There is a lot of negativity surrounding dentistry. A general disdain for dentists is pretty prevalent in society.
For instance, the popular website, BuzzFeed has a gif filled article titled, “21 Things Everyone Who Hates the Dentist Will Understand.” It goes through a list of dental bashing. Hating people in surgical masks, getting anxious from the smell of latex gloves, and skepticism that you don’t actually need your wisdom teeth out – these are just a few of the topics BuzzFeed covers.
People’s hatred for dentistry isn’t secretive. There’s even a domain called “hatedentists.com,” dedicated to blogging about dental fear. Today, we’re going to get to the bottom of the hatred that’s associated with dentists. We’re going to talk about why people hate the dentists, the existence of fraudulent dentistry, and how to tell if your dentist might be taking advantage of you.
Why People Don’t Trust Dentists
According to webMD, about 5-8% of Americans skip going to the dentist out of fear. It’s understandable that you’d be scared of the dentist. For most people, getting medical work done can feel like a vulnerable situation. Sometimes fear of the dentist is caused by mood disorders like anxiety, substance abuse, or PTSD.
Other times, a lot of these fears stem from not trusting your dentist. One user on the popular social site “Reddit.com,” commented that he’d “trust a car mechanic more than a dentist.” (Since car mechanics are notorious for making you pay for unnecessary work.) You can tell how deep rooted society’s hatred for dentists goes by the recommended searches in Google:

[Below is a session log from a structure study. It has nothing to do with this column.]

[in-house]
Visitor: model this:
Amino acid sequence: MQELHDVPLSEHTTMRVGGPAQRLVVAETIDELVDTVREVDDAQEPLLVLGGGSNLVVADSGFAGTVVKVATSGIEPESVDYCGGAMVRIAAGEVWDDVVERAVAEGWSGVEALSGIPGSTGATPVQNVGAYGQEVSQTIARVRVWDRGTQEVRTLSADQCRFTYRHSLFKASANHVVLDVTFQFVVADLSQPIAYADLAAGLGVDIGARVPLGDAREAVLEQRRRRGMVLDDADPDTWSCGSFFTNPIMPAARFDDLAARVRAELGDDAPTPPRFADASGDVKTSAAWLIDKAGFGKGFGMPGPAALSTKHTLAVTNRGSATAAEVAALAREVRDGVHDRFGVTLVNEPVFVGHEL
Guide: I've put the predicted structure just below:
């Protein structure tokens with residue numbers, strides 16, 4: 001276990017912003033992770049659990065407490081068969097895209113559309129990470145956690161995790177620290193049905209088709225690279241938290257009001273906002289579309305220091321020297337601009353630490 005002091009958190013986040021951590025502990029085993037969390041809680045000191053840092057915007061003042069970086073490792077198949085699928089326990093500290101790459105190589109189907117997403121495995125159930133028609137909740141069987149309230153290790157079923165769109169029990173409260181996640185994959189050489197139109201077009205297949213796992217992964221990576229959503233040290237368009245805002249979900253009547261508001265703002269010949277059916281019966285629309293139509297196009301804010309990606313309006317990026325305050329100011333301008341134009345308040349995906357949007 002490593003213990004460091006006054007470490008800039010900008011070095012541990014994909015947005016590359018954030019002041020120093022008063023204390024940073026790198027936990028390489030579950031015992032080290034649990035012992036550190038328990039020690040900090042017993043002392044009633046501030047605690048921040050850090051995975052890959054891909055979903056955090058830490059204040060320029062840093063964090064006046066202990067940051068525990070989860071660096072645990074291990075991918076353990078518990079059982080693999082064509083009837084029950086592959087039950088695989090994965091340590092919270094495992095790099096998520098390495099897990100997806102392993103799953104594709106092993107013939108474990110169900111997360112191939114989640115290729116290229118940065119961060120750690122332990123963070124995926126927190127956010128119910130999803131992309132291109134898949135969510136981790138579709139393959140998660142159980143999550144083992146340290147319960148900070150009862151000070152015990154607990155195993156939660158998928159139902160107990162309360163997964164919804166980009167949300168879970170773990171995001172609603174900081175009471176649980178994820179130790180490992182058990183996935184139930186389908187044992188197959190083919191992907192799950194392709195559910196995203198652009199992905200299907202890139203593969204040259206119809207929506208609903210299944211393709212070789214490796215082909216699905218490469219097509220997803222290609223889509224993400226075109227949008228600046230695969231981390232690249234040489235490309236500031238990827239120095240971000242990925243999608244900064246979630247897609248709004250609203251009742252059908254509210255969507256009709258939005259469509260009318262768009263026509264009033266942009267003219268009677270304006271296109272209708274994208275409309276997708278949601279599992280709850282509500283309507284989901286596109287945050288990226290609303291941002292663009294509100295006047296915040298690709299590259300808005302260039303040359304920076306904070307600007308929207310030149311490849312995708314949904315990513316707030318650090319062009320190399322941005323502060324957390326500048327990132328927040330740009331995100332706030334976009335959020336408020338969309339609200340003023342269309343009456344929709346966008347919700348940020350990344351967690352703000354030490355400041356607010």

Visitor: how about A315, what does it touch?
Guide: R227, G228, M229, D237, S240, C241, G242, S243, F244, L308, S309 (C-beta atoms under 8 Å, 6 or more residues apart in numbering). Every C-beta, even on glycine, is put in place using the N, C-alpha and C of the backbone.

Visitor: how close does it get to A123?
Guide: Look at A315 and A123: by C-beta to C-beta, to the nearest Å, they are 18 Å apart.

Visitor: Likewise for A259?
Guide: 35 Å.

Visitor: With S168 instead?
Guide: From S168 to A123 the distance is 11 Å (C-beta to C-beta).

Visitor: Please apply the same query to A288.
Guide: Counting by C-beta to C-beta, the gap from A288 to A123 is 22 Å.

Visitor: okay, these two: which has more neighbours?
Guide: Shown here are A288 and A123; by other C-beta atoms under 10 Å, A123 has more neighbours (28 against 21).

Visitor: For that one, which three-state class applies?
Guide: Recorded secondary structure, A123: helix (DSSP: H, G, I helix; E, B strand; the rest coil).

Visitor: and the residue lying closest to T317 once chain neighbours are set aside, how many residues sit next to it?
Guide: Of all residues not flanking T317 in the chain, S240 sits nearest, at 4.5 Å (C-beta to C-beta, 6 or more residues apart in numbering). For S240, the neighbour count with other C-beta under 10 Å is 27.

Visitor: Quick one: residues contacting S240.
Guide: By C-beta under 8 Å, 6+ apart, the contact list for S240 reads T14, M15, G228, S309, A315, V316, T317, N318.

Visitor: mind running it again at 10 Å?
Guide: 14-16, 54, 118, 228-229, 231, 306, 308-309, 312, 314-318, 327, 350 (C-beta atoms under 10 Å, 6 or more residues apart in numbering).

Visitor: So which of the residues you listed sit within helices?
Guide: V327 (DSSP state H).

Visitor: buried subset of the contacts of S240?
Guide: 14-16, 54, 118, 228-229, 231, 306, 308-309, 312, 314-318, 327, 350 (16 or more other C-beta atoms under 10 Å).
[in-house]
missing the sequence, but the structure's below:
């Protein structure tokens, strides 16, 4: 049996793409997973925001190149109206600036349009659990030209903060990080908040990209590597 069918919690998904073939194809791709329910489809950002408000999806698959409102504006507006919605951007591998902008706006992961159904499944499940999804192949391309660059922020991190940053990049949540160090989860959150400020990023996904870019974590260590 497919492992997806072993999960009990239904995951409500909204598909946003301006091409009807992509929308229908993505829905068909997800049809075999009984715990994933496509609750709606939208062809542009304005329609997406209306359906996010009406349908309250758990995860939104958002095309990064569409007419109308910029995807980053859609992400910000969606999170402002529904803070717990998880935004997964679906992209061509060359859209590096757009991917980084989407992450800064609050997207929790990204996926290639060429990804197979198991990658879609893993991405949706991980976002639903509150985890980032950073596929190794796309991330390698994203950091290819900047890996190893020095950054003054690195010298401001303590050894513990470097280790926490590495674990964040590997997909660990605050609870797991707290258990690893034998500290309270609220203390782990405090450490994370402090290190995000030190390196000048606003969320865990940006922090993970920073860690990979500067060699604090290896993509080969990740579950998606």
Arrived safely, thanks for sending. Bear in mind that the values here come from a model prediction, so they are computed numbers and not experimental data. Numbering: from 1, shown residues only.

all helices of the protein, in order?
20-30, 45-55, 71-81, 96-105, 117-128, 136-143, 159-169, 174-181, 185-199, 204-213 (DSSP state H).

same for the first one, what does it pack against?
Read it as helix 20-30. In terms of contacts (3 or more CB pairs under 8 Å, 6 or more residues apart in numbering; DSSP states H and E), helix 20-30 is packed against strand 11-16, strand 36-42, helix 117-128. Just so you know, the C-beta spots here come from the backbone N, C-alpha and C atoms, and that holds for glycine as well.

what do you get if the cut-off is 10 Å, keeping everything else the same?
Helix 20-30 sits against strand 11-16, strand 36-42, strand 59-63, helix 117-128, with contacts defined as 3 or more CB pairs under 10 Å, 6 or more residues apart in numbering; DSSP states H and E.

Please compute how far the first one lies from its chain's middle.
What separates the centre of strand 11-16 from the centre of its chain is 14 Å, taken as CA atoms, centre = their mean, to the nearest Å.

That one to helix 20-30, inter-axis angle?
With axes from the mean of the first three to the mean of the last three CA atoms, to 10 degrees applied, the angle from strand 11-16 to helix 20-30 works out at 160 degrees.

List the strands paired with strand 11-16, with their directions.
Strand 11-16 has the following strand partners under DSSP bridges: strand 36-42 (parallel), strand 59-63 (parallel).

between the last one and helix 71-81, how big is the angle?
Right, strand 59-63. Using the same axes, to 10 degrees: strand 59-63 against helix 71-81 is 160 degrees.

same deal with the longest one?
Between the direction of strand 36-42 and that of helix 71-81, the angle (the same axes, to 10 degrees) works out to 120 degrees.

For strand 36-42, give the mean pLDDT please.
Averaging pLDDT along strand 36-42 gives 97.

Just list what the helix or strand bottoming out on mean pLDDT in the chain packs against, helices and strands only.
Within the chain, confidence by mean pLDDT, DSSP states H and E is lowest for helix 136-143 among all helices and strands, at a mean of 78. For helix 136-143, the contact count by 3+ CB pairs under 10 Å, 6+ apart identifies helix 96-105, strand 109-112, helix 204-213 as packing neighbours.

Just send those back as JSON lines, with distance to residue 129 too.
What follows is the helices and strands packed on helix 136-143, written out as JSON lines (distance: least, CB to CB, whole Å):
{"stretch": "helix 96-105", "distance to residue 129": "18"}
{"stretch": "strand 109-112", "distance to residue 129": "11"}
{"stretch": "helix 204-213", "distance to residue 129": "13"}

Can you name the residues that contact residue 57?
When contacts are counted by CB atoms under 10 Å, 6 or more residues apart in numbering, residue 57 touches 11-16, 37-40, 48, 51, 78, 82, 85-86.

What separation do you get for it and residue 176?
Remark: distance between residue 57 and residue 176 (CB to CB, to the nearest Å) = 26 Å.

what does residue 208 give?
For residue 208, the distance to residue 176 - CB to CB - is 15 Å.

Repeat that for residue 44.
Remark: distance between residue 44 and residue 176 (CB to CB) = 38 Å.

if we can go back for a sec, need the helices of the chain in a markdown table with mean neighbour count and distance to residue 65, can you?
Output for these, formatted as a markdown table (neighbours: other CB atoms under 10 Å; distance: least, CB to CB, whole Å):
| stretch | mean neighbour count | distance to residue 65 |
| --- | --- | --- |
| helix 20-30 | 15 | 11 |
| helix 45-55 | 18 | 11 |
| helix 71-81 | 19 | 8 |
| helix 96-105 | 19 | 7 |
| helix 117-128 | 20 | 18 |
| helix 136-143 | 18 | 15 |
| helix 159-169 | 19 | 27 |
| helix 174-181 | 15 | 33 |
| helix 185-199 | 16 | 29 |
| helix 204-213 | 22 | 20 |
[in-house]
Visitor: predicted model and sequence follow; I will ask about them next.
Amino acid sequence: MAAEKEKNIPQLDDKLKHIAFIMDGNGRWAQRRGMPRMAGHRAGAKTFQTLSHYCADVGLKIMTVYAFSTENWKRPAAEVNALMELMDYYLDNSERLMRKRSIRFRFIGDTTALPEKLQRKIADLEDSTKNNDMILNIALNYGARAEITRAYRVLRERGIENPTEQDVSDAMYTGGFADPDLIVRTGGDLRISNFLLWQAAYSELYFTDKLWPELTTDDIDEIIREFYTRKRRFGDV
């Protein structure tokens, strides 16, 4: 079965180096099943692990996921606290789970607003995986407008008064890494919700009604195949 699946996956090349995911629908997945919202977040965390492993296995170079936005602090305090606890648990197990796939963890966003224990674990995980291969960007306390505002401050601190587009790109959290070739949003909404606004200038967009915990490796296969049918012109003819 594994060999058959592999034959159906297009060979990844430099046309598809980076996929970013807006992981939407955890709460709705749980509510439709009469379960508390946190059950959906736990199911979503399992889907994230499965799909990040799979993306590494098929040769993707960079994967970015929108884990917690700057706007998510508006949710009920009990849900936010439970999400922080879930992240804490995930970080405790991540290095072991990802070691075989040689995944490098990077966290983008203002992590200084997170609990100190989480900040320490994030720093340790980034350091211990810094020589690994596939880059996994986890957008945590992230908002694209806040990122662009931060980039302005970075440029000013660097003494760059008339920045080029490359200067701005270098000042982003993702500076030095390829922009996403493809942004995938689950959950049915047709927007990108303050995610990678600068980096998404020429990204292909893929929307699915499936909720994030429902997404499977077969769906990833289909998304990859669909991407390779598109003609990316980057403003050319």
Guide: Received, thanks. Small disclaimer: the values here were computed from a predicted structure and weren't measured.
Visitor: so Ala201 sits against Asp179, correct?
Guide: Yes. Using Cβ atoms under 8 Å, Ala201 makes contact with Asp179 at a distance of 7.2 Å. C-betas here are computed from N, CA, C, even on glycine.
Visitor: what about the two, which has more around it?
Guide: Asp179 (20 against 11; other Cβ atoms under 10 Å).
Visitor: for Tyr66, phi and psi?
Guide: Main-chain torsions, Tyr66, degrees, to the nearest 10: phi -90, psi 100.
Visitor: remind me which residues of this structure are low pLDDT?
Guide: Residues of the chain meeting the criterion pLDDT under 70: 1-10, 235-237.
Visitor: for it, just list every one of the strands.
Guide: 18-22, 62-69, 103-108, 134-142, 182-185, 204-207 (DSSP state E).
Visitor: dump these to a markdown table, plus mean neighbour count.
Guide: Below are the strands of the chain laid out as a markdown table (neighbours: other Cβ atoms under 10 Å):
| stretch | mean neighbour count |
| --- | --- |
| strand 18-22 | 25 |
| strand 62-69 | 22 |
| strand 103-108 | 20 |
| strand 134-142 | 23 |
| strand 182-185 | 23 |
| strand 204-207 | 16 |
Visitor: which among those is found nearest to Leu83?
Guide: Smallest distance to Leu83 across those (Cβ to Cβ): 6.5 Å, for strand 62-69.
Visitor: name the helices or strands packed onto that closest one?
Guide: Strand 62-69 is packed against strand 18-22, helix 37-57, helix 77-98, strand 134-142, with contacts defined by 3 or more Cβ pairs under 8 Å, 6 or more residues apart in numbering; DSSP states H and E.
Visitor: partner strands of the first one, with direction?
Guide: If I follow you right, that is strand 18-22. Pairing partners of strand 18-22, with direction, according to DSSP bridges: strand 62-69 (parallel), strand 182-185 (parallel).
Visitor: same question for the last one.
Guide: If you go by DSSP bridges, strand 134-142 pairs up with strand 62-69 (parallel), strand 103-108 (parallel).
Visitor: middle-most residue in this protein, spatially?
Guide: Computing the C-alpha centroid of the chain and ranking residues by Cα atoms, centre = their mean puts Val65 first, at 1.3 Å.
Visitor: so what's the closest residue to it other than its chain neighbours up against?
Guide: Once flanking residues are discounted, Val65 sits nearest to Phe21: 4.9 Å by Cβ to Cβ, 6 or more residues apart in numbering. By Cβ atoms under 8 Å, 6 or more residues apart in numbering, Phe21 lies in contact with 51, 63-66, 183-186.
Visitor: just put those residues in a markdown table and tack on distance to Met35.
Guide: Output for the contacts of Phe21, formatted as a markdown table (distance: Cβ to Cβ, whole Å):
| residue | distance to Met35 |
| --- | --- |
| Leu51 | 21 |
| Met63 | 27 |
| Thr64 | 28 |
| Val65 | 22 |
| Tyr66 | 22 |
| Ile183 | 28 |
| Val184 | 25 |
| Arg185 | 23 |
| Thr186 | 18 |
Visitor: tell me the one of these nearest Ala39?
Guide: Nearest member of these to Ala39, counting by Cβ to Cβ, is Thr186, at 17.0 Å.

Unless you are clearly feeling pain in your mouth, dentistry can seem like a subjective medicine. A lot of people are scared that dentists are going to scam them by performing unnecessary treatments, like filling micro-cavities, X-rays, or cosmetic money making schemes. There are also those people who don’t think that dentists are doctors at all, maintaining beliefs that cavities can heal themselves and gum disease is a sham.
W.H. Auden puts the work of a dentist perfectly by saying, “A doctor, like anyone else who has to deal with human beings, each of them unique, cannot be a scientist; he is either, like the surgeon, a craftsman, or, like the physician and the psychologist, an artist.” For a cosmetic dentist, he is very much a craftsman and an artist, which can make people feel uneasy.
The majority of the time, cosmetic dentistry is an art to perfect a patient’s smile. Sometimes cosmetic dentistry isn’t imperative, unless it saves you from further tooth loss and gum disease, which can feel like you’re getting shammed into a money making scheme.
Not to mention, a lot of the time cavities can fly under the radar, making it seem out of the blue when you go in for a check-up, and your dentist finds three cavities. This can also happen when you go to a more conservative dentist, who wants to fill small cavities, versus a dentist who doesn’t fill small cavities.